Hong Kong Telecom

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HKT
Formerly
  • Hong Kong Telecommunications
  • Cable & Wireless HKT
  • PCCW-HKT
Public
Traded asSEHK6823
IndustryTelecommunications
Predecessor
  • Hongkong Telephone Company
  • Cable & Wireless (Hong Kong)
Founded
1925(as Hongkong Telephone)
1987(as Hong Kong Telecom)
HeadquartersHong Kong
Key people
Richard Li
BrandsNetvigator
Services
RevenueDecrease HK$33.258 billion (2017)
Increase HK$05.097 billion (2017)
Total assetsIncrease HK$95.365 billion (2017)
Total equitySteady HK$39.019 billion (2017)
OwnerPCCW (51.97%)
Number of employees
Decrease over 17,600 (2017)
ParentPCCW
Subsidiaries
Websitewww.hkt.com
Footnotes / references
in consolidated financial statement[1]

HKT Limited (Chinese: 香港電訊有限公司) and HKT Trust (Chinese: 香港電訊信託) is a pair of listed corporations of Hong Kong, which the two corporations were bundled as one single stapled security. HKT, via its subsidiaries, is one of the largest telecommunications company of Hong Kong. It was commonly known as Hong Kong Telecom (Chinese: 香港電訊) and had a dominant position in fixed-line, mobile, IDD and broadband services in Hong Kong. HKT Group is a subsidiary of PCCW since 2000.

Corporate identities[edit]

The former holding company of the group was Cable & Wireless HKT Limited (Chinese: 香港電訊有限公司; former ticker symbol: 8), it was a subsidiary of Cable & Wireless plc. It was takeover and privatized by PCCW in 2000.[2] PCCW also started to use the ticker symbol "8" after the takeover. Cable & Wireless HKT Limited was formerly known as Hong Kong Telecommunications Limited (Chinese: 香港電訊有限公司), which was incorporated in 1987;[3] it was renamed to Cable & Wireless HKT Limited in 1999,[3] but renamed again to PCCW-HKT Limited in 2000;[3] PCCW-HKT still use the same registered Chinese name (香港電訊有限公司) until 2011, which in the same year the Chinese name became the registered Chinese name of HKT Limited instead.[3]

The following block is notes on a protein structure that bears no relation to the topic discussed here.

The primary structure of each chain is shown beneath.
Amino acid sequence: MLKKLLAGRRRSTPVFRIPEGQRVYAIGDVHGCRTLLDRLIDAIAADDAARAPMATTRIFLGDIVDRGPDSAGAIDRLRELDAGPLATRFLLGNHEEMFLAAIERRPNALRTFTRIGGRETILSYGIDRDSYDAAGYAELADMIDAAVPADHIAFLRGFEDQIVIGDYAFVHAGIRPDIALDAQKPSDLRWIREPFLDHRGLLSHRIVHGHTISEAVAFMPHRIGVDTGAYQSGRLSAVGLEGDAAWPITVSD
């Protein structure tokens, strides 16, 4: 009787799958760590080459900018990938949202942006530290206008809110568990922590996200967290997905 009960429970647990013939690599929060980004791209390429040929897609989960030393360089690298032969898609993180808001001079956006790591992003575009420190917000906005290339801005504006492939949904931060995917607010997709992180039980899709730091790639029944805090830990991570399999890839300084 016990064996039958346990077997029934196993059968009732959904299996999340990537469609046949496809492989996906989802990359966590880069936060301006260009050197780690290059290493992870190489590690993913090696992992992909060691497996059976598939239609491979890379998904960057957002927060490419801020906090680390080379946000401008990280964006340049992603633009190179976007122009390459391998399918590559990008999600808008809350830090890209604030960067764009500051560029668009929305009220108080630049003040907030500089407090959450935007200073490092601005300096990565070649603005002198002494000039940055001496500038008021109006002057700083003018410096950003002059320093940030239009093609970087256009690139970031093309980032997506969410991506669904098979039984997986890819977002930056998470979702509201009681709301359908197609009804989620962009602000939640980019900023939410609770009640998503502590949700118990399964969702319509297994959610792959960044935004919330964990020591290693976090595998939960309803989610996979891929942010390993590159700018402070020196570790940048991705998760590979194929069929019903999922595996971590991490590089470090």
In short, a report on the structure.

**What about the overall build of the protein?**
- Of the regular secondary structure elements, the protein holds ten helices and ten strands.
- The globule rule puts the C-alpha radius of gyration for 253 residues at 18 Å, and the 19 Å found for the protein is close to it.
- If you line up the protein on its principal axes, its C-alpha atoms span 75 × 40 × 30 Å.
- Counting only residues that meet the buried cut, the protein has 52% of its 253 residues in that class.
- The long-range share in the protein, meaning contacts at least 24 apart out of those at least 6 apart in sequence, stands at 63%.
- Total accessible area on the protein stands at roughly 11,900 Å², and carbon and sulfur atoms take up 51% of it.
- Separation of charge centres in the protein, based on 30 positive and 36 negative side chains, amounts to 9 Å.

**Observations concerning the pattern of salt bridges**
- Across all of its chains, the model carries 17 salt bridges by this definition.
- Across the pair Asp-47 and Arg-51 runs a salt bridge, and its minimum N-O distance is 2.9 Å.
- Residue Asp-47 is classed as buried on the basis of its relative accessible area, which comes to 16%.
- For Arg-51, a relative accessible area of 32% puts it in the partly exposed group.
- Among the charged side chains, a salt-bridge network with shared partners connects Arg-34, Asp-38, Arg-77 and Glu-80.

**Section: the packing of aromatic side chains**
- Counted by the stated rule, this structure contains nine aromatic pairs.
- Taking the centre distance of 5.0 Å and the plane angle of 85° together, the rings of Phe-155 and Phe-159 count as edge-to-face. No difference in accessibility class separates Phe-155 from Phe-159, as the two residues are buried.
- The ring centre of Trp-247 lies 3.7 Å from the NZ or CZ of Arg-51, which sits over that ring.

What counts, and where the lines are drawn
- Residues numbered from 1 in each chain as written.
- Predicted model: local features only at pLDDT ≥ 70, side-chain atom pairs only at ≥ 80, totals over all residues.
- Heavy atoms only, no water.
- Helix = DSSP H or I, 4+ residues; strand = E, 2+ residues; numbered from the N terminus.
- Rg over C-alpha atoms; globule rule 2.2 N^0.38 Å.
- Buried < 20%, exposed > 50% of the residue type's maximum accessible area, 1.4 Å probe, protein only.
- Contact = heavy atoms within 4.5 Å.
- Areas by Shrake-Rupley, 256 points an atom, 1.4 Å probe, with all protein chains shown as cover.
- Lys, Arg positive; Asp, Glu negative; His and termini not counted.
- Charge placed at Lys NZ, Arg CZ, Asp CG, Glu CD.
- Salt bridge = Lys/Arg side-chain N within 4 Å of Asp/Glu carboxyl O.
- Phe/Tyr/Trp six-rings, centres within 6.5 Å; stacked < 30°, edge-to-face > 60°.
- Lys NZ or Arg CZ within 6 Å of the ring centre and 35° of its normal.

PCCW-HKT had a major subsidiary PCCW-HKT Telephone Limited (Chinese: 香港電話有限公司),[4] which was incorporated in 1925 under the name Hongkong Telephone Company, Limited;[3] it was briefly known as Cable & Wireless HKT Telephone Limited (Chinese: 香港電話有限公司) from 1999 to 2000.[3] As of 31 December 2016, PCCW-HKT[5]:70 as well as PCCW-HKT Telephone were still live, wholly owned subsidiaries of PCCW.[5]:67 However, the telephone services is now provided by HKT's wholly owned subsidiary Hong Kong Telecommunications (HKT) Limited instead,[5] after a group restructure in 2008.[6]

In October 2011, PCCW shareholders approve a partial spin-off of the assets as HKT on the Hong Kong stock exchange (but excluding the two legal persons PCCW-HKT and PCCW-HKT Telephone, as well as the stake in Reach). HKT is successfully listed on 29 November 2011, as HKT Limited and HKT Trust.[7][8] HKT Limited was incorporated in the Cayman Islands, while its direct parent entity, HKT Trust, was set up in Hong Kong under the laws of Hong Kong.[5]

History[edit]

Domestic telecommunications facilities in Hong Kong became more advanced in 1925 when the Hong Kong Telephone Company Limited (HKTC) took over the interests of John Pender's China and Japan Telephone and Electric Company. The company's mandate included providing all the British colonies with local telephone services. Over the next six decades Hong Kong Telephone's line capacity grew to more than 2.5 million, with the company serving approximately six million people.[9]